For your next pet, you may want to consider adoption. The act of visiting an animal shelter and choosing your next cat or dog can be very healing in itself. You will be given the chance to offer a beautiful animal a chance to live their best life with your family. Take a look at our list of animal shelters and welfare centres in New South Wale below.

Change up your routine

It can be easy to fall back into old routines with a new pet. However, getting a new companion is a great opportunity to refresh your routine. Avoid painful memories but finding new walks for you and your dog. If you can’t source any new walking routes, why not change direction on your usual hike? This will give the walk a different feel and help you create new memories with your canine friend.

Replace the toys and bedding

Animals have a very powerful sense of smell. They will notice if bedding or bowls have belonged to another cat or dog in the past, they may even reject these items in their new territory. This is particularly important if your previous pet died of an illness as the bacteria may still be present in textiles.

Stay safe and buy your new pet bedding, bowls and toys of their own. This will help them get used to their new home and make it their own.

If You’re Not Ready for Another Pet

It’s perfectly fine to take time when getting another pet. You may feel the need to take weeks or even months to process the loss before welcoming a new companion into your family home. During this time, you may miss the comfort and companionship an animal brings, here are some ideas to satisfy those feelings without rushing to get another pet:

Hang out with friends with pets

Although it may seem painful at first, don’t avoid other pets altogether. Spending an afternoon playing with a friend’s new kitten or embarking on a weekend hike with a relative’s pooch can be a very healing experience. You’ll get to know another animal’s unique personality and get the joy pets bring into your life, without the commitment.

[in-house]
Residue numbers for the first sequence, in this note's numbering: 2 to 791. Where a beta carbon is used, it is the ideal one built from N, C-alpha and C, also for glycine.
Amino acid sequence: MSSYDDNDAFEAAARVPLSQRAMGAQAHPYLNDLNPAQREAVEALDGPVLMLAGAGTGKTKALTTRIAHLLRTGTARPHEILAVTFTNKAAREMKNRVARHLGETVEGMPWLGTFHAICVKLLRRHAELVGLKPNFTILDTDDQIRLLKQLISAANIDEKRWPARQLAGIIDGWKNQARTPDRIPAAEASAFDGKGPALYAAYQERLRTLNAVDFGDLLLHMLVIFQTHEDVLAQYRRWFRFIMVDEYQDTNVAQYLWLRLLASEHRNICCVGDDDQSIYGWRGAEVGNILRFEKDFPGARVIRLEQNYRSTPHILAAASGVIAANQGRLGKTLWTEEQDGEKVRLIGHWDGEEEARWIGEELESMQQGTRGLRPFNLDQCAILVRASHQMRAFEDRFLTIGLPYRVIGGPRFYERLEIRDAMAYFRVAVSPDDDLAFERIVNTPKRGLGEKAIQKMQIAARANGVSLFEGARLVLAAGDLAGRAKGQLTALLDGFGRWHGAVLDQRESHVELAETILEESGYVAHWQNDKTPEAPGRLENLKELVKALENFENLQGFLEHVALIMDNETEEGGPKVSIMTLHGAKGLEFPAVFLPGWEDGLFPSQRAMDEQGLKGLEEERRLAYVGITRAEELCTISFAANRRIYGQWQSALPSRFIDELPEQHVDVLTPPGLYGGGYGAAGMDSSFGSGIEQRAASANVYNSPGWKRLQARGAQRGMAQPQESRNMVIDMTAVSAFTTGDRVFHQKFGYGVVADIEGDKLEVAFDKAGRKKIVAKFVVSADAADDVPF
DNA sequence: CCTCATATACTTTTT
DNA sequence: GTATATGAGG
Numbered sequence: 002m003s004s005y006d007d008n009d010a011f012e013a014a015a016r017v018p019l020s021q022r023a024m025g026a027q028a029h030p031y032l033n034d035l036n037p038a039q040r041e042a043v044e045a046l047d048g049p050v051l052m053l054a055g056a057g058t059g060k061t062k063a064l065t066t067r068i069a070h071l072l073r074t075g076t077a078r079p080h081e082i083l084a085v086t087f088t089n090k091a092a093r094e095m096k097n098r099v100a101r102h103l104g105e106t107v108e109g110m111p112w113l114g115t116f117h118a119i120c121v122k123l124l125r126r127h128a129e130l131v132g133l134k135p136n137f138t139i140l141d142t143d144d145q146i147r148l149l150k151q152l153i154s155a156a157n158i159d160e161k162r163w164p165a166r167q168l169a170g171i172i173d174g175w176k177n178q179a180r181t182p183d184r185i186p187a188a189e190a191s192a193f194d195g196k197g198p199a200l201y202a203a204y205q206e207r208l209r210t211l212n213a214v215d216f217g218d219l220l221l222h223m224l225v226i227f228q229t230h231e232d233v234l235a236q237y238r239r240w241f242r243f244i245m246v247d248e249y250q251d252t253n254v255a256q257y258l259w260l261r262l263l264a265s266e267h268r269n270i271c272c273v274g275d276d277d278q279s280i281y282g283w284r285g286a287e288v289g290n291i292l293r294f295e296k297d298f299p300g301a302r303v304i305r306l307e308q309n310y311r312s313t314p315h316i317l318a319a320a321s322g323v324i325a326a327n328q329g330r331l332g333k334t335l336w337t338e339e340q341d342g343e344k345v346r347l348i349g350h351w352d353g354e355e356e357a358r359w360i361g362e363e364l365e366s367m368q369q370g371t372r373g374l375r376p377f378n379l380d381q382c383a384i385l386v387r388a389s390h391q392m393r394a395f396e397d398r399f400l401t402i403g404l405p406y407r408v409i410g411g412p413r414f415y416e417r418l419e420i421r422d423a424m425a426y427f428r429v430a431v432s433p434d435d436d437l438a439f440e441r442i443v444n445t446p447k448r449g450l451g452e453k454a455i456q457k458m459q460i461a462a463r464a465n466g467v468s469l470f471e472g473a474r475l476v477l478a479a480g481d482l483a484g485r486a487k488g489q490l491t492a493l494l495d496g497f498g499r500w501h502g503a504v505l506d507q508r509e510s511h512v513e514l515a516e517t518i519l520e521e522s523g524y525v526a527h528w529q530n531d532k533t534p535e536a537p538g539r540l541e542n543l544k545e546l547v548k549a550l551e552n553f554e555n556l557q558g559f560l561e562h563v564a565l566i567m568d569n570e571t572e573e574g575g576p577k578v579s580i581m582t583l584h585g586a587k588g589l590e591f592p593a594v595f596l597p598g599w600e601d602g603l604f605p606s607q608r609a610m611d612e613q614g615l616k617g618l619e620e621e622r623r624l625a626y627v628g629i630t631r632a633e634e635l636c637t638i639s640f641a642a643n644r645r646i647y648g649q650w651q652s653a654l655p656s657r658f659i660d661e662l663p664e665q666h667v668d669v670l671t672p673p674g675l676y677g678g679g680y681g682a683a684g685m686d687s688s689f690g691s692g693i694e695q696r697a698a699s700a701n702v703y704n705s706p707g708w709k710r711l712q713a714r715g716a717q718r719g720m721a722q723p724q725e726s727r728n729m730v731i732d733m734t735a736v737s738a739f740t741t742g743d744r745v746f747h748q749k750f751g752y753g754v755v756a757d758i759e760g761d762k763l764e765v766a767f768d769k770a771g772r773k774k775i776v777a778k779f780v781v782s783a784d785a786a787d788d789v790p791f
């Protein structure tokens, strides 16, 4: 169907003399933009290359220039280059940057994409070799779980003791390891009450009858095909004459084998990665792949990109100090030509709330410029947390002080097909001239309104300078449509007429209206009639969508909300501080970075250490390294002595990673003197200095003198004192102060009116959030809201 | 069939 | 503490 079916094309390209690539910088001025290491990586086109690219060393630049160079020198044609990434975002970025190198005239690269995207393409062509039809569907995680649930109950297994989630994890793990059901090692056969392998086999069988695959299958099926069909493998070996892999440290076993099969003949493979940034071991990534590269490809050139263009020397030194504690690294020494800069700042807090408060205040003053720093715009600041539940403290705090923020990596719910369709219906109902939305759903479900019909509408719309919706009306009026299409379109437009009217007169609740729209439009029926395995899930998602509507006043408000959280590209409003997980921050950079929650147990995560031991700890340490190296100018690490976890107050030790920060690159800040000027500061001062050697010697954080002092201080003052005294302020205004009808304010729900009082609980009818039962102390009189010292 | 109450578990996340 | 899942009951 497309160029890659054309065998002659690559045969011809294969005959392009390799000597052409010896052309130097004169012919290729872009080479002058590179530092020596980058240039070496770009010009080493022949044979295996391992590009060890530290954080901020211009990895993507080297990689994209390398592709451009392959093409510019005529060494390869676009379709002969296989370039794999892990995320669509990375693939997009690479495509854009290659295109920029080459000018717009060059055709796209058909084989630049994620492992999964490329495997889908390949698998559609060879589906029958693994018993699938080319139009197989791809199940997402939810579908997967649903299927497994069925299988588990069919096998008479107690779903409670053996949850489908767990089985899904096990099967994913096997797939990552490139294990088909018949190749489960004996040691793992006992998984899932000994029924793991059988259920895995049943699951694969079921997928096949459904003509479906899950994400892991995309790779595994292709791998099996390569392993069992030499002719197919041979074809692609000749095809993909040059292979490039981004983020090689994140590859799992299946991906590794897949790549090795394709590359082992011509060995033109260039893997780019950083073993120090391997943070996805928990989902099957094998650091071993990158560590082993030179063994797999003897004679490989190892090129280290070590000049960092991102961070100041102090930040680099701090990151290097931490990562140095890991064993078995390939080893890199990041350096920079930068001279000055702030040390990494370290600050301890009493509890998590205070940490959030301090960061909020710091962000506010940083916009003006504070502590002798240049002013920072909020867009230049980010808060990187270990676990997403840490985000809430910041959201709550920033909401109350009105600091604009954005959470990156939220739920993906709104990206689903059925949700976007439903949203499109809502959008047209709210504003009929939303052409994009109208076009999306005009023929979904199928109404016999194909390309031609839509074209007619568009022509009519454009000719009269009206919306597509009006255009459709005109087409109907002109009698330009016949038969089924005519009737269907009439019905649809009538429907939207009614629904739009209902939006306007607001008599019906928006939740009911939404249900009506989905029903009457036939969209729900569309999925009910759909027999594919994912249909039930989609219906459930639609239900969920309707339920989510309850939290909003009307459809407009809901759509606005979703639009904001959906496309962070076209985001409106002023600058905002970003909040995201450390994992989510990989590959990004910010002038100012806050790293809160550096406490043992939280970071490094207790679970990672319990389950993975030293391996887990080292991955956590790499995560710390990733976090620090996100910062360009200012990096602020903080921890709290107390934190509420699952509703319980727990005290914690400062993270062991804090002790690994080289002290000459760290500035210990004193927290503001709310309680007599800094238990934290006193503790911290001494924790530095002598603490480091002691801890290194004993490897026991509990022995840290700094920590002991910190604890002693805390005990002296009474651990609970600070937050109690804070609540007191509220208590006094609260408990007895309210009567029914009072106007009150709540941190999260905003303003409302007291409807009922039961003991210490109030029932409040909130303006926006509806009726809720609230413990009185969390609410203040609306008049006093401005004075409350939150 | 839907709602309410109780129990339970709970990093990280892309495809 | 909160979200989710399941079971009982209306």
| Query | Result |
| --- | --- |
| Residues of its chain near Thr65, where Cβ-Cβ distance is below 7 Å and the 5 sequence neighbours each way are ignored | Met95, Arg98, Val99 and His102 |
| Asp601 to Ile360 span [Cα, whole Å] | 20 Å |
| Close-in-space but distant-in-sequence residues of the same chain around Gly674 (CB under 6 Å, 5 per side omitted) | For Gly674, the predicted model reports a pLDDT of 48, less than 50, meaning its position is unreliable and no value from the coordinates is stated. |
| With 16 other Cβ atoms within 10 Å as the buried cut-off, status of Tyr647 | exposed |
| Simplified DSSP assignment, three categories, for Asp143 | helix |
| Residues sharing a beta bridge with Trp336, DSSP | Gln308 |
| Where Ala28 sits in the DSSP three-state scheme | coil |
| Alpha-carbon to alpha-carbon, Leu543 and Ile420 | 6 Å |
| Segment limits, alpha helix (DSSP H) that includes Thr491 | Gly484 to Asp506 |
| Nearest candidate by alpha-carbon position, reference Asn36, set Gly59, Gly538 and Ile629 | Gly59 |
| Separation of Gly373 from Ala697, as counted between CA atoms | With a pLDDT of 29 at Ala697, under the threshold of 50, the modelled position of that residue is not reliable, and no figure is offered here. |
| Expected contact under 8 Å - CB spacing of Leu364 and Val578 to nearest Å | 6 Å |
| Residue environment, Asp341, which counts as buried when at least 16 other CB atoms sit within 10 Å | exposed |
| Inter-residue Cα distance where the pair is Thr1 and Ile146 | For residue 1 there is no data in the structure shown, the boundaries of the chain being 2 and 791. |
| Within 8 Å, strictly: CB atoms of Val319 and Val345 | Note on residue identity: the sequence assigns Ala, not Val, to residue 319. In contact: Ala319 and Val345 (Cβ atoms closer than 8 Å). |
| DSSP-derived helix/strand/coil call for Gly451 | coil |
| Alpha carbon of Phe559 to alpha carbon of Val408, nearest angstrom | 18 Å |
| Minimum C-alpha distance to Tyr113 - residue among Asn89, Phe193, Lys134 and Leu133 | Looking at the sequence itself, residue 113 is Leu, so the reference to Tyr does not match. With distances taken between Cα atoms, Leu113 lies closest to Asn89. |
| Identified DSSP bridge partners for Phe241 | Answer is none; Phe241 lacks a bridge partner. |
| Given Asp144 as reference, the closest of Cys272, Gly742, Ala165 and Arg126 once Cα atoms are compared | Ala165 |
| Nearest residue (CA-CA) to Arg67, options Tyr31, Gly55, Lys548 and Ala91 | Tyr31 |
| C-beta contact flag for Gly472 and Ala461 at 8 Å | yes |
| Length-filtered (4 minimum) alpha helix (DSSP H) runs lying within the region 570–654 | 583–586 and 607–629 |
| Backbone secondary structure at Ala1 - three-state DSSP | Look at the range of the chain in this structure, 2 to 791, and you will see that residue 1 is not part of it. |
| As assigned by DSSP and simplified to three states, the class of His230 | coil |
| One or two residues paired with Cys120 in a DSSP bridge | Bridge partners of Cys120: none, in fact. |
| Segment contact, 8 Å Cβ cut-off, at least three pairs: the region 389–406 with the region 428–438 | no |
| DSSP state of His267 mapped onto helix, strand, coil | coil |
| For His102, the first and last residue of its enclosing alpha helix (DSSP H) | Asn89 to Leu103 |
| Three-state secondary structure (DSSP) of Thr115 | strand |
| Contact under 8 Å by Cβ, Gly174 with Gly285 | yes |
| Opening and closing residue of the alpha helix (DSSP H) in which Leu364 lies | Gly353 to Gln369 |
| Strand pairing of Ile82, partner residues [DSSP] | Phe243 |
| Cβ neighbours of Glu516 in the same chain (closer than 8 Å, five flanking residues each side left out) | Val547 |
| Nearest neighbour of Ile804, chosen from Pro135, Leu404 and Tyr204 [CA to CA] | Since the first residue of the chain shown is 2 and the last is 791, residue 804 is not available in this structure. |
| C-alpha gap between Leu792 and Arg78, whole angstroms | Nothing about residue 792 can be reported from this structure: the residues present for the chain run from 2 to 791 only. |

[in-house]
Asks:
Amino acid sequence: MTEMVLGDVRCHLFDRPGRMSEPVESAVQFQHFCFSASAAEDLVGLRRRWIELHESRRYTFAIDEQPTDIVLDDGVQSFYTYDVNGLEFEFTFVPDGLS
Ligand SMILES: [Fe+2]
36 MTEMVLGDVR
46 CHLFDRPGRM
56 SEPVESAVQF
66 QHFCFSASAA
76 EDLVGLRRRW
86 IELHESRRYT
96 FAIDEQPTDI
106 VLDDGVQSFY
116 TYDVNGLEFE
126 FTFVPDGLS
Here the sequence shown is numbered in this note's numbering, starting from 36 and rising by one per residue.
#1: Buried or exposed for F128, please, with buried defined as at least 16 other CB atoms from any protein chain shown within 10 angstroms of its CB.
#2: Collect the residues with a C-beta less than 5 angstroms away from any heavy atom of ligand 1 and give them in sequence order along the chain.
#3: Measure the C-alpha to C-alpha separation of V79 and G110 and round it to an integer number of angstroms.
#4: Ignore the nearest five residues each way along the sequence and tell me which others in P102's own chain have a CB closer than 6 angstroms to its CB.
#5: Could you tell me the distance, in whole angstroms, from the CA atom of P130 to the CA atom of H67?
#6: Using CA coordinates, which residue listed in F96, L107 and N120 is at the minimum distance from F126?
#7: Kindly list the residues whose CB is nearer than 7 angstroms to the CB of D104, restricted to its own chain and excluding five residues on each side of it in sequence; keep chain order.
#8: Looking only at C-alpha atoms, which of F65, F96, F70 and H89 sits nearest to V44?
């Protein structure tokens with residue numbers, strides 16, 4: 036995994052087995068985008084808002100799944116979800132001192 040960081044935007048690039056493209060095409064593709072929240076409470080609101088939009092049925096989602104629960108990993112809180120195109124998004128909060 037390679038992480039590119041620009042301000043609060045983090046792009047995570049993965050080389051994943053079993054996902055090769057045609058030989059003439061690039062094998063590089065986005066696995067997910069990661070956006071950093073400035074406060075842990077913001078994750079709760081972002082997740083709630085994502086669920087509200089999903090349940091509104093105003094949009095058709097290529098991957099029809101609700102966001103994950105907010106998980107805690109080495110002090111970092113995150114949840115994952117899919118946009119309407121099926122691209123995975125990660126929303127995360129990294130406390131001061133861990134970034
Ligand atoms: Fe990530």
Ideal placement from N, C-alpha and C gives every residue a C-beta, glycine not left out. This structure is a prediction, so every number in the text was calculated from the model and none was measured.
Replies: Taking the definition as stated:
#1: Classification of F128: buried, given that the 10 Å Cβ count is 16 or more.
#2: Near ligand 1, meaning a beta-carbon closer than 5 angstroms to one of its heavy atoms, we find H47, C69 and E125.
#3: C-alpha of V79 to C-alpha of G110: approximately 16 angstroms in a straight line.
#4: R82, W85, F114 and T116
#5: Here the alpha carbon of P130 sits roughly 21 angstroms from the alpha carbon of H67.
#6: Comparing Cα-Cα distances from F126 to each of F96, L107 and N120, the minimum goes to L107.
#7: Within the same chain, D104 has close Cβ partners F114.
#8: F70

Volunteer at a local animal shelter

Why not give your spare time to an animal shelter in your area? Even if you don’t have time to dedicate each week, many shelters offer doggy walking or cat playtime for enrichment. You may even meet your next companion in the process!

Animal shelters in New South Wales:

  • Animal Welfare League NSW 
  • For the last 60 years, The Animal Welfare League has been caring for surrendered, neglected and abandoned animals in New South Wales. The registered charity accepts volunteers in a number of capacities, including animal attendants, admin assistants and event ambassadors. You can also get involved in foster care for animals in need of experience in the home.

  • Sydney Dogs and Cats Home 
  • Sydney's only charity pound and community facility, Sydney Cats and Dogs Shelter helps over 3,000 animals every year. Get involved in volunteering, fundraising or even foster care with this amazing organisation.

  • Monika’s Rescues 
  • Located in Ingleside, Monika's Rescues is an incredible cause working to combat abuse and neglect suffered by dogs every year. Members of the public are encouraged to visit Tuesday-Sunday between 11am-2pm to help volunteers walk the dogs in the local area. You'll be asked to pay a small fee to register as a dog walker, and you can return time and time again to stretch your legs and cuddle your favourites pooches.

    Be sure to check with Monika's Rescues ahead of time for any changes to the usual dog walking schedule.

Visit a Cat Café

If an animal shelter isn’t your cup of tea, why not visit a cat café? Originating in Japan, the cat cafes have popped up all over Sydney and the wider New South Wales area. You can pet kitties and enjoy a coffee and cake, what’s not to like?

Cat Cafés in New South Wales

More Help & Advice

Whether it's a dog, cat or small pet, every pet has an important place in the family. The weeks and months following the death of your pet won't be easy. Keep reading to find out the answer to some questions you may have, including how to tell a child that their pet has passed away? and where to scatter your pet's ashes?

Telling a Child About the Death of a Pet

Children grow up alongside their furry companions. When the day comes to say goodbye, it can spark many feeling and questions from a child. 

Scattering Your Pet's Ashes

Gain insight into the healing act of scattering ashes, how to choose where to scatter and rules and regulations in Sydney and greater New South Wales.

Frequently Asked Questions

If you’ve got any questions about pet cremation, choosing an urn or vet support, take a look at our FAQs to find the answer.